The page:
Employee Engagement

Figuring out how to motivate employees is no easy challenge. Business has typically equated motivation with money (the carrot and stick approach), and it seems this formula is wrong!

Take a look at Dan Pink’s popular 18 minute internet video from the TED conference in Oxford. His science of motivation makes a case for how business has it all wrong when it comes to incentives. I found it fascinating, intuitive and congruent with what I have experienced for many years as an executive coach. What really motivates talented, smart workers are factors including autonomy, mastery, and purpose (not more money). Pink cites over four decades of scientific studies enlightening us that the carrot and stick approach can actually significantly reduce the ability of workers to produce creative solutions to problems. His formula for work satisfaction and motivation is to connect our human need to direct our lives, to learn and create and to improve our world and ourselves.

What motivates us (once our basic survival needs are met) is the ability to grow and realize our fullest potential. Wise leaders create workplace environments and cultures that support autonomy, creativity and bringing the best of their human talent to meet company goals. Google reports that 50% of their successful products originate from employee’s 20% “innovation time”—Google employees devote 20% of their work time (one day), creatively innovating on projects of their choosing.

Additionally, Mihaly Czikszentmihalyi helps us comprehend motivation with his human state of “flow” theory. Flow is a human state of high engagement and satisfaction that occurs when we bring the best of ourselves forward to meet a challenging task or goal. If an employee has a high degree of skill and ability to do something with low challenge, they are typically apathetic or bored. Conversely, if an employee is given a highly challenging task or role with little skill, ability or talent to succeed-they will likely be in a state of anxiety, worry or stress. Neither is conducive to performance.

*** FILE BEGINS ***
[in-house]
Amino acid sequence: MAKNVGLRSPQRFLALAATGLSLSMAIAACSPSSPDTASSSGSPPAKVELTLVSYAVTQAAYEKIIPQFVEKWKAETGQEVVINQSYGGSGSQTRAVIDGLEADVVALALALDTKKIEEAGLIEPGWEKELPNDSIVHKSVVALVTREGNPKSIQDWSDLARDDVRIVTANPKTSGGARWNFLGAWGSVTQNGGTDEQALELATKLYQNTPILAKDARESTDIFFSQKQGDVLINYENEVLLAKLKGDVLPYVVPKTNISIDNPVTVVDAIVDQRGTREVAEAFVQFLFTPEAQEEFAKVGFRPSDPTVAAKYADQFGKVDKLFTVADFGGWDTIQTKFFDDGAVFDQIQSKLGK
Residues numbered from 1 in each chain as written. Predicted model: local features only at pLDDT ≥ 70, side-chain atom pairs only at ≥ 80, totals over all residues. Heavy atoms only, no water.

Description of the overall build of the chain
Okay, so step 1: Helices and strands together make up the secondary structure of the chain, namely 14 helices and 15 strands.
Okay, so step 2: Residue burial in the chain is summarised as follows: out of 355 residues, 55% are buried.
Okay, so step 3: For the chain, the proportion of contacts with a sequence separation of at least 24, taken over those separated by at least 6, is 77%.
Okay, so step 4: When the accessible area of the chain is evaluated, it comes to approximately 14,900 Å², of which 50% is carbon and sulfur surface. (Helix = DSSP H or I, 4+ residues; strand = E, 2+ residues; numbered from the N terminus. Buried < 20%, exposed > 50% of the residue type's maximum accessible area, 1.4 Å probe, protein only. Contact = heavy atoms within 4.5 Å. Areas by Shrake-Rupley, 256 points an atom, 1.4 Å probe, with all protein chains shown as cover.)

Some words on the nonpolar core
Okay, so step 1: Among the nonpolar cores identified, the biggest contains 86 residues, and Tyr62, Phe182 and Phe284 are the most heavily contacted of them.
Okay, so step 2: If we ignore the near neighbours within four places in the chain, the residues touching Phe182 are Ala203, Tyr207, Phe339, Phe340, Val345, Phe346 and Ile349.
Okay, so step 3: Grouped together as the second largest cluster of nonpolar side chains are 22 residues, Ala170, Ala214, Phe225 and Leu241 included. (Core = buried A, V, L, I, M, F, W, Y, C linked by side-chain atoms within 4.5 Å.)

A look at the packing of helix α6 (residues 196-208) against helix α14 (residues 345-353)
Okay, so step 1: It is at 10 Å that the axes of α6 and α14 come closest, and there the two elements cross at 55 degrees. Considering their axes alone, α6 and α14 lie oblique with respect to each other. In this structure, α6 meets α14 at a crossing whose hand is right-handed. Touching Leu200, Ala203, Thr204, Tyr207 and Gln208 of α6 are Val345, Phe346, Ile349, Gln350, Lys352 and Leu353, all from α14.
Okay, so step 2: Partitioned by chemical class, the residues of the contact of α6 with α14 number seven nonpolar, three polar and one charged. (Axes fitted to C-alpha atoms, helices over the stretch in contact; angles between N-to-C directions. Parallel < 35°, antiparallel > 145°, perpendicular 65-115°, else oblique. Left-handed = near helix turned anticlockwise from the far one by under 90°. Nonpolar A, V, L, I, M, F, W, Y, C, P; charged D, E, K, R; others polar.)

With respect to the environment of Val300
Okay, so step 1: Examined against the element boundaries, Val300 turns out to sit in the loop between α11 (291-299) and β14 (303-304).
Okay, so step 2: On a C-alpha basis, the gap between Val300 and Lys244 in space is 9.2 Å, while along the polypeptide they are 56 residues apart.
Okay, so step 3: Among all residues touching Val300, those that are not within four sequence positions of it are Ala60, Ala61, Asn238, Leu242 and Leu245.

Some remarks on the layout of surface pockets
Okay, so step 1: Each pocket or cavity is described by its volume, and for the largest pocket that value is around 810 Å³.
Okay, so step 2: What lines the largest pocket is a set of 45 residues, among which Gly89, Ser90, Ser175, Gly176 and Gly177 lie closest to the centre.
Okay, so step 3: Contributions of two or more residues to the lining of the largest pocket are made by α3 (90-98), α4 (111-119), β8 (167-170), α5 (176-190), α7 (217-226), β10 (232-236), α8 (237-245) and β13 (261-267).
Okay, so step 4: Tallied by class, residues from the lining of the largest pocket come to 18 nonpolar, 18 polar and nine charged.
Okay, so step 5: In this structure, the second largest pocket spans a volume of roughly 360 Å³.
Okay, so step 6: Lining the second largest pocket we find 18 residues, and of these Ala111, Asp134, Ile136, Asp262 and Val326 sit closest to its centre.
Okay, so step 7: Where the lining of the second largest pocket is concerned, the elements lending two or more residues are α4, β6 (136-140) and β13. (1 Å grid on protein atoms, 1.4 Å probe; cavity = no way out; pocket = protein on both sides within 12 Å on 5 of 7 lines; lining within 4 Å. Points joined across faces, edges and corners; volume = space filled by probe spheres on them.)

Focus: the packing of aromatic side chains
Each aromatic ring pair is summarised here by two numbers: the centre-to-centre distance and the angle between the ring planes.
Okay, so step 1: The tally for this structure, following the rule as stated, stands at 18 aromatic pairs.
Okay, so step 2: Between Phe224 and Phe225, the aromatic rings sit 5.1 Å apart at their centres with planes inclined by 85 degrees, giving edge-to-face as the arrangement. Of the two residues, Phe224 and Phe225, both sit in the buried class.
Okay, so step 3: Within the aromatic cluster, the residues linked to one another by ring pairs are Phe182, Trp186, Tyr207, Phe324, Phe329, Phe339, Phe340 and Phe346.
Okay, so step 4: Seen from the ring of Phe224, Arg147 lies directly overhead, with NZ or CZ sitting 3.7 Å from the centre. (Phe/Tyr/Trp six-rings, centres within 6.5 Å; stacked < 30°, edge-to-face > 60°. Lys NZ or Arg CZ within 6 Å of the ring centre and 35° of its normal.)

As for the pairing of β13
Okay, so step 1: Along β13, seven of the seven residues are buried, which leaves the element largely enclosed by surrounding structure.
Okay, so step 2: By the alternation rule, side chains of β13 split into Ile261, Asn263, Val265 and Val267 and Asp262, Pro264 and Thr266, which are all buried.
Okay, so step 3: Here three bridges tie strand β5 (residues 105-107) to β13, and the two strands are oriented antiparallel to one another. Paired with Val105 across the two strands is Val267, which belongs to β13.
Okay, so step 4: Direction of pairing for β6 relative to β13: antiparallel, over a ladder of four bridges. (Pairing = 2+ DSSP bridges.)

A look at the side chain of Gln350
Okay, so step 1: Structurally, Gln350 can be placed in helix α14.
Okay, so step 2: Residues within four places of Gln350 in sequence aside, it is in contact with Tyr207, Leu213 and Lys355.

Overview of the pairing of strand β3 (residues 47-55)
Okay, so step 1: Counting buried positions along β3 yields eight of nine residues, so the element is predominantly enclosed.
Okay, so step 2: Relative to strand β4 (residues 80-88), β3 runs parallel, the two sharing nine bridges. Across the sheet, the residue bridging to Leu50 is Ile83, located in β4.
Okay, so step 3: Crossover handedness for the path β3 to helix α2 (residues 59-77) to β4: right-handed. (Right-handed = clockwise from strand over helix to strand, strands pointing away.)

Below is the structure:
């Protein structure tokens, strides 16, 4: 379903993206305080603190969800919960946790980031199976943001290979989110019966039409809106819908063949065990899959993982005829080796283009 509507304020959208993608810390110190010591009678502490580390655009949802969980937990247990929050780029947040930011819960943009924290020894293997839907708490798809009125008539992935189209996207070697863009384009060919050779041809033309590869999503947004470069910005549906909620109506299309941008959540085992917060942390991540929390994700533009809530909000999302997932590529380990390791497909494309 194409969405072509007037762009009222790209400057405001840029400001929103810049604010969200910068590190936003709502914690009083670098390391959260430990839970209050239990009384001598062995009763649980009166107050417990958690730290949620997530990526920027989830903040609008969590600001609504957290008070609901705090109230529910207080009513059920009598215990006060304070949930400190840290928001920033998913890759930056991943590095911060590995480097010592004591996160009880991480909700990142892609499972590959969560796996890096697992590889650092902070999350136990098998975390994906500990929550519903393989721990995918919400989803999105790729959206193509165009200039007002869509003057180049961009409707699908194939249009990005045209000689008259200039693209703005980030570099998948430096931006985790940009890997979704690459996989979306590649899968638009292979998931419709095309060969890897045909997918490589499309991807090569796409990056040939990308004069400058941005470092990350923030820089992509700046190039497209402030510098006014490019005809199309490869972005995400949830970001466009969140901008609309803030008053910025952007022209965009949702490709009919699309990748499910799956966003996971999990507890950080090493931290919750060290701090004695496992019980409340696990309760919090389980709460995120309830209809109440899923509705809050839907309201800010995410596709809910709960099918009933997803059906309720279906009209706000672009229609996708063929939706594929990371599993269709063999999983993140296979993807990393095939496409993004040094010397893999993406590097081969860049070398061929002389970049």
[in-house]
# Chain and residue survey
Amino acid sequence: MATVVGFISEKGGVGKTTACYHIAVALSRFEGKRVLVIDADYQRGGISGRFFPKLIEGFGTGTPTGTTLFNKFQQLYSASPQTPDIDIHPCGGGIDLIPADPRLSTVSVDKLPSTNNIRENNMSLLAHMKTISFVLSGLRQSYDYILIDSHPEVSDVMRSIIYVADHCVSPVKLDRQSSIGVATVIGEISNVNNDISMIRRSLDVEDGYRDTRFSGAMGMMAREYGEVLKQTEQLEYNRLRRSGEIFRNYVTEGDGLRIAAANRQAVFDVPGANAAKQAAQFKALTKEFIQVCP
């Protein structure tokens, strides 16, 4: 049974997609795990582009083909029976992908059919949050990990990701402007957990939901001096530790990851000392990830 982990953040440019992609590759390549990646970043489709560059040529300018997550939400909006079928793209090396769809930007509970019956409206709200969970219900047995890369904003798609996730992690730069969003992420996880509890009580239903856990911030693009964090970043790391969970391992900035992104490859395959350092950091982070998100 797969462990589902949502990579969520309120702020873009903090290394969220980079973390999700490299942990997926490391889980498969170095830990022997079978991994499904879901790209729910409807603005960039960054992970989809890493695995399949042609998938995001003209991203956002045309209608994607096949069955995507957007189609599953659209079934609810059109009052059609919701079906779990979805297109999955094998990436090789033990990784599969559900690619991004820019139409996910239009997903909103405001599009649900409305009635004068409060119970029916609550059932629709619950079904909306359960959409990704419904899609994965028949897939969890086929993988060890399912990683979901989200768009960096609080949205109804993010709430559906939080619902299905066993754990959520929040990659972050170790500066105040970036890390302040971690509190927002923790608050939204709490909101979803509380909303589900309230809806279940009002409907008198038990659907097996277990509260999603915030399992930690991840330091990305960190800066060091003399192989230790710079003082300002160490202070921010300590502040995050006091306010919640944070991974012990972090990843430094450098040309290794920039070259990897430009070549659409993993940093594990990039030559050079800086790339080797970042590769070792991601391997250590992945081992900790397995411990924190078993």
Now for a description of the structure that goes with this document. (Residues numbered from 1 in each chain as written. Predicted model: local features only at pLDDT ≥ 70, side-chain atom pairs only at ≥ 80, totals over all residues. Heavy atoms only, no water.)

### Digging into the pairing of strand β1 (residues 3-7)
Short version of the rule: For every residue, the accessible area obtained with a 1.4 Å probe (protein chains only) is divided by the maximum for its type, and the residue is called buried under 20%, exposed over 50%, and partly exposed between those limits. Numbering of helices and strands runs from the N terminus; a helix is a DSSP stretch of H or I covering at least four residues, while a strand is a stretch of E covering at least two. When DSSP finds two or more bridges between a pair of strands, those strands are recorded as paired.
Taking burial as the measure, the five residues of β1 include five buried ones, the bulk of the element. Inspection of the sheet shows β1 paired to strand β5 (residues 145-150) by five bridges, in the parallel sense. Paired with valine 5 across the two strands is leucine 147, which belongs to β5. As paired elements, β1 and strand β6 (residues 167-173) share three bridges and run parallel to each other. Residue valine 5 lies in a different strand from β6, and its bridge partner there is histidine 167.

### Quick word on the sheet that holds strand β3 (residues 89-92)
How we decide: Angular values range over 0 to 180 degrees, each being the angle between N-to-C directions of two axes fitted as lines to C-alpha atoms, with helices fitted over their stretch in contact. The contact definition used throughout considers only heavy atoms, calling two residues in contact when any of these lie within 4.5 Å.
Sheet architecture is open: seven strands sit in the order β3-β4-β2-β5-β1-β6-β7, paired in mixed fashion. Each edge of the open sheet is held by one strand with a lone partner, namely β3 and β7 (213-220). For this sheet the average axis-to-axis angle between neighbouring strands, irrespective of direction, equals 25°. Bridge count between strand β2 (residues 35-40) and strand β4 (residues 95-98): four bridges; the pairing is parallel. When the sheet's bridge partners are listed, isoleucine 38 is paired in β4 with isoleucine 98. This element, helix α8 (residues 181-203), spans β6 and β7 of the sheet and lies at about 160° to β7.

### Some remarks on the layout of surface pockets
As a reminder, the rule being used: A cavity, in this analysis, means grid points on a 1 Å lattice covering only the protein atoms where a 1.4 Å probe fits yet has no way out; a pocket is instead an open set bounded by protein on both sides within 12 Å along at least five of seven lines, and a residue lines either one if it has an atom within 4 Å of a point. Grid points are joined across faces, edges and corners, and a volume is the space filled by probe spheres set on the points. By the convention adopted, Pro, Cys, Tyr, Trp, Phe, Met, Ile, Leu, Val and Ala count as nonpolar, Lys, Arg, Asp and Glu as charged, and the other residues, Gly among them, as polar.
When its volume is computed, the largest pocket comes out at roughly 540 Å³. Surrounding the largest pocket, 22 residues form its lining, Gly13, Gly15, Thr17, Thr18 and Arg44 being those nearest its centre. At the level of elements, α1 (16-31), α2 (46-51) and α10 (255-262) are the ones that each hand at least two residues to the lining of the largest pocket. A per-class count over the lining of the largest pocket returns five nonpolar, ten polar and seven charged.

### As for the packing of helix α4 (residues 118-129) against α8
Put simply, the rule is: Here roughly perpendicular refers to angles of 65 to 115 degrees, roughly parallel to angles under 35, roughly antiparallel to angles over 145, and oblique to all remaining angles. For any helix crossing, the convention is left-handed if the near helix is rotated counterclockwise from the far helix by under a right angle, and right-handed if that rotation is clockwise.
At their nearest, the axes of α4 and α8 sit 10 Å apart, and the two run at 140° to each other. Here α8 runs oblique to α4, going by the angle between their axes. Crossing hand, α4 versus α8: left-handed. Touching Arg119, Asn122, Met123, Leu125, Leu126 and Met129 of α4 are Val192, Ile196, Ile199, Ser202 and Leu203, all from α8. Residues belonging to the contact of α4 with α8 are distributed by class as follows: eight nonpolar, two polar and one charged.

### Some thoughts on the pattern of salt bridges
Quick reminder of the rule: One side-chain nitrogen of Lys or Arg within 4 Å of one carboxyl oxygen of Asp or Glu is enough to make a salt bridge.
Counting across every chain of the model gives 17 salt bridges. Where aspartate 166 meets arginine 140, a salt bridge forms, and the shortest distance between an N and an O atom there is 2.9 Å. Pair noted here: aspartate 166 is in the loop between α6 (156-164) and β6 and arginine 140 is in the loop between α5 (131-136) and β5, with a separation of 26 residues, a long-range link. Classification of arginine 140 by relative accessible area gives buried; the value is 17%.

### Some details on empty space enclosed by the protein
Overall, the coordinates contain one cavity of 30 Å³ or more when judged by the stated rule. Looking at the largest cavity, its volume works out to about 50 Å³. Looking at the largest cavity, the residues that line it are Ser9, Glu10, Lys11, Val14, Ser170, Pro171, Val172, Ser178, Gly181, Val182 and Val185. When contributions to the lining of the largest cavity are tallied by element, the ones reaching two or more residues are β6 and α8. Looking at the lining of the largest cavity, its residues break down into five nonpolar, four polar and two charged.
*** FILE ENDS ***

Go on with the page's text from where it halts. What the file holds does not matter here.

Flow is what happens when we have a high degree of challenge (with a clear goal) while we also have a high capability of skills, experience and talent to succeed with that goal. Akin to an athlete being in the “zone”, being in flow requires three conditions: 1) an activity with a clear set of goals, 2) the confidence that one is capable of doing the task at hand and 3) clear and immediate feedback.

Given all this theory, here are my coaching tips for how to motivate your employees:

  • Provide your people clear goals and expectations. Identify what success looks like. Make sure that before assigning tasks and roles that you are reasonably confident the individual has both the competence and the commitment to succeed. Then keep providing ongoing clear feedback. Feedback should be specific to behavior not the person or their intentions.
  • Identify your employee’s natural gifts and talents. For the price of a book, you can utilize the Strength finder 2.0 assessment. This easy to use and inexpensive internet based tool can help participants identify their top 5 strengths. Also, ask your employees how they think they can bring their best potential to the needs of the business?
  • Give people a sense of purpose. Identify and communicate how their job matters to larger organizational or business goals. People want to be a part of something that is bigger than they are. Help them identify their sense of “purpose” with the work they do.
  • Delegate more and give competent committed workers autonomy. People want to have control over their work. I have never met a client who enjoyed being micromanaged! When I hear talent looking for an exit strategy, its often due to their feeling they have no autonomy in the job or their talents and strengths are being underutilized
  • Offer employees continuing educational training opportunities. Mastery motivates! People want to get better at what they do. And the good news is once they do, they will perform at a higher level for your business. It’s a win win.
  • Praise and promote. Say thank you, recognize good work and catch people doing something well. Promote from within. Its sound strategy. Dedicated employees who have already proved their value deserve more autonomy and having a culture of promoting from within motivates other employees.